Doing open source things with open source things

My name is Christopher Branston, I’m Community Manager for SUSE and in this issue of the Cloud Report, I would like to talk about our newly launched Cloud Application Platform Sandbox, why it is cool and how this ties back, into open source and the communities that we love to be a part of.

The SUSE Cloud Application Platform Sandbox

In March this year, SUSE decided to dedicate a special team to engage with developers from around the world who use SUSE enterprise products to create their own services, applications, and IT environments. The first thing we did, was to create and launch a brand-new developer platform in April, that you can visit and enjoy at It’s a one stop shop for anything concerning open source, Linux and other tools in the context of SUSE.

Part of this new platform is also a developer sandbox which is a hosted SUSE Cloud Application Platform instance, where interested developers can test out our take on Cloud Foundry first-hand.

To make a long story short:

  1. It’s open (source).
  2. It’s easy (no own setup, it’s hosted).
  3. It’s free (yes, as in free beer! Sign up and enjoy the goodness.).

With this sandbox we are showing the core benefit of an agile application platform, which is ease of use, ease of deployment and easy management/maintenance. No matter, if you are more of a CLI guy, or you like using shiny web front ends, CAP offers it all. You can either start working on the platform and deploying apps using your command line and a Linux, or IDE of your choice, or, if you are more like me, you can use the awesome Stratos front end, to work in your part (org) of the sandbox using an easy to understand graphical user interface.

It’s really that easy:



Choose where to deploy your app from


Have a lot of fun


If you are a tech savvy user, but are new to this, you can find a lot of useful information and help located in the getting started guide at: or in the FAQ section.

The open source ethos, the community, the future

I want to write this article, not primarily to promote a product, that the company I work for builds, but to emphasize the importance of open (source) tool sets and how to build an open and vibrant community can help take down barriers in accessibility, fairness and transparency. (If you want to learn more about this, please follow a great webcast series that the cloud report sponsors:

  1. The open source ethos
    By opening the source code to a tool and with that making it accessible for changes and customization, we are leveraging the power of many, to come together and make a great idea even better, by following an iterative process where the question is not so much “how can we earn more” but rather “how can we gain more for everyone”. It is the pure essence of open source and the respective communities, where we find problems and solve them by creating a hive mind, using the diversity of people to gain a larger understanding of digital concepts in different contexts and cultures.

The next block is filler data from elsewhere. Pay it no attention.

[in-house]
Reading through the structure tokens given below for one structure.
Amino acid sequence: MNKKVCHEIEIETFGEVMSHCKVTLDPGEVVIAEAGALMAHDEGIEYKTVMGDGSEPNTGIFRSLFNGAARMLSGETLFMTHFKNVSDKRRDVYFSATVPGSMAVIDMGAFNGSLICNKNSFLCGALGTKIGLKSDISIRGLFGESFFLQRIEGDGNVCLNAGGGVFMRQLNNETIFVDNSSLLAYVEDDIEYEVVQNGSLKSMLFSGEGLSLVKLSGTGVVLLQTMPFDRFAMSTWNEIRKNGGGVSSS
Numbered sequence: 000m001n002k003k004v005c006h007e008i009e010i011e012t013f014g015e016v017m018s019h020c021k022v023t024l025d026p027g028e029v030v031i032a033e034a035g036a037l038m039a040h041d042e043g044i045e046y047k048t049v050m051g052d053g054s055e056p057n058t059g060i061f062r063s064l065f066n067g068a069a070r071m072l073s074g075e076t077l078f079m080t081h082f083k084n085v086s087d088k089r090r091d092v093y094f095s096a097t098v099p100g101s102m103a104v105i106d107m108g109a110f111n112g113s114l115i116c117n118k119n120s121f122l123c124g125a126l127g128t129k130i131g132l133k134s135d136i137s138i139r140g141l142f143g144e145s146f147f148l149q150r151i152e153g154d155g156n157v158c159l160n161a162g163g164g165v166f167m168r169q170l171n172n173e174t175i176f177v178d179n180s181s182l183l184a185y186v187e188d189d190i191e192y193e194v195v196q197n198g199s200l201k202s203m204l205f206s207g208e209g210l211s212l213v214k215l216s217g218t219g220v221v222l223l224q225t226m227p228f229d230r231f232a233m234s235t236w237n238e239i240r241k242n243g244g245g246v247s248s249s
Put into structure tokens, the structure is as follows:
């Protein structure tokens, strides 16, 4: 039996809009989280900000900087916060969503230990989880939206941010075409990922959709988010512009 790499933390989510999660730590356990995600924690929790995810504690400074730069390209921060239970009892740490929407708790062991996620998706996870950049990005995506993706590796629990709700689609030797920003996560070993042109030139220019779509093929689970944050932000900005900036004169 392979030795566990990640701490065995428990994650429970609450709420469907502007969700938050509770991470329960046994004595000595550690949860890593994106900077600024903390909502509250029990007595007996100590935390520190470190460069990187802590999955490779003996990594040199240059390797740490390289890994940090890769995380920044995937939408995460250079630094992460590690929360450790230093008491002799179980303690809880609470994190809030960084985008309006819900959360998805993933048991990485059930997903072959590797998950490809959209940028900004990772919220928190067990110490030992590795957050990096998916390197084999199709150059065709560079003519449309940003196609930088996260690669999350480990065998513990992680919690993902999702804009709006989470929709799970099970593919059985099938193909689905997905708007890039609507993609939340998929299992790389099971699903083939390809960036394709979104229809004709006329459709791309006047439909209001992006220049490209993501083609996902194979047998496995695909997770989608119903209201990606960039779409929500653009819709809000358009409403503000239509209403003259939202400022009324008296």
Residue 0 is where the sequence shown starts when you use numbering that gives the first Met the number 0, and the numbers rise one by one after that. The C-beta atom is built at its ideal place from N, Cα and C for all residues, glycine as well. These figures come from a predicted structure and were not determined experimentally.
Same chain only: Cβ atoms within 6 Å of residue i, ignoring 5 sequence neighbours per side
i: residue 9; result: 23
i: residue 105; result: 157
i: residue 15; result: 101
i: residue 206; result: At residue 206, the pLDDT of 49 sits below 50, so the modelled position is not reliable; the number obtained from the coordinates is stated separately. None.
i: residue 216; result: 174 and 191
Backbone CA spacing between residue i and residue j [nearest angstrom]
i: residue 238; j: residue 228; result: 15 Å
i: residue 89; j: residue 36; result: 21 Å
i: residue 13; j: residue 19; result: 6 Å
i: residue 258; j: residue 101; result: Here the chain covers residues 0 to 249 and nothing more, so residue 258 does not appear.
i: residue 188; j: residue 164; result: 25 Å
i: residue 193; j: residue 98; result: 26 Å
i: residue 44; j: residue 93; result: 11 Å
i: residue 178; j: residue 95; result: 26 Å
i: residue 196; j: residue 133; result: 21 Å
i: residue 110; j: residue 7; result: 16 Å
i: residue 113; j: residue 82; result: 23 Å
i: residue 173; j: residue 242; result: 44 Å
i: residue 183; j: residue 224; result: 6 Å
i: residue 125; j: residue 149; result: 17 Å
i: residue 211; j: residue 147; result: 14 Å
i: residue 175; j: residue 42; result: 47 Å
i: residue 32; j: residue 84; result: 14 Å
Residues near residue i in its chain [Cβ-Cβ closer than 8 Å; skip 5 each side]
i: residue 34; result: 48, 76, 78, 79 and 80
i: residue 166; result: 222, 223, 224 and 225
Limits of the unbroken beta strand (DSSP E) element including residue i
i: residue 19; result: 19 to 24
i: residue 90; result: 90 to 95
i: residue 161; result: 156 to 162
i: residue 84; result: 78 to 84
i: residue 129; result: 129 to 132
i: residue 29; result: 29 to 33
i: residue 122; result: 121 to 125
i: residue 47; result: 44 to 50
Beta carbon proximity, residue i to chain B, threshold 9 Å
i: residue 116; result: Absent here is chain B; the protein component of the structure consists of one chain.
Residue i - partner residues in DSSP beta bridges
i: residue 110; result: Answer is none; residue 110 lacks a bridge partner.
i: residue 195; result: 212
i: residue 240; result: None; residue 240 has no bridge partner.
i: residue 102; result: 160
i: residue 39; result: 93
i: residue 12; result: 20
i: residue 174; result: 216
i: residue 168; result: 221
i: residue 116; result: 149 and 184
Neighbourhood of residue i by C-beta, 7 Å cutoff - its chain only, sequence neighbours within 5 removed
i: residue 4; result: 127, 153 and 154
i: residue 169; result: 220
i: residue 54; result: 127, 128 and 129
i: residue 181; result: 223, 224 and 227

2. The community
    By bringing together people from different backgrounds, cultures, educations and so on, we are creating a more wide-reaching and more open view on everyday problems (or in this case tools/code) and how these are reflected in different situations.
    It’s kind of like when you were a child and would ask the same question to your mum, dad, sibling or grandparent etc. in the hopes of getting different views and answers to the same question you have.
    You are already part of many communities, like the town you live in, a club you are part of, or your own family and friends.
  3. The future
    With technology and networks becoming accessible around the world, more and more non-technical people are starting to use and create modern workflows, processes and ideas. By delivering a framework, or platform, that takes away the complexity of tedious set up and installation routines, we can now onboard “regular” users, that are in fact subject matter experts for their respective fields, into the process of content, app and workflow creation (Google low code/no code and rapid prototyping).

This, in itself, is demonstrating all of the before mentioned values of open source and maximizes the gain we can all have from using open and inclusive/accessible solutions. With the power of many we can break boundaries and thus enable innovation. Stronger. Together!



Christopher Branston
Community Manager / SUSE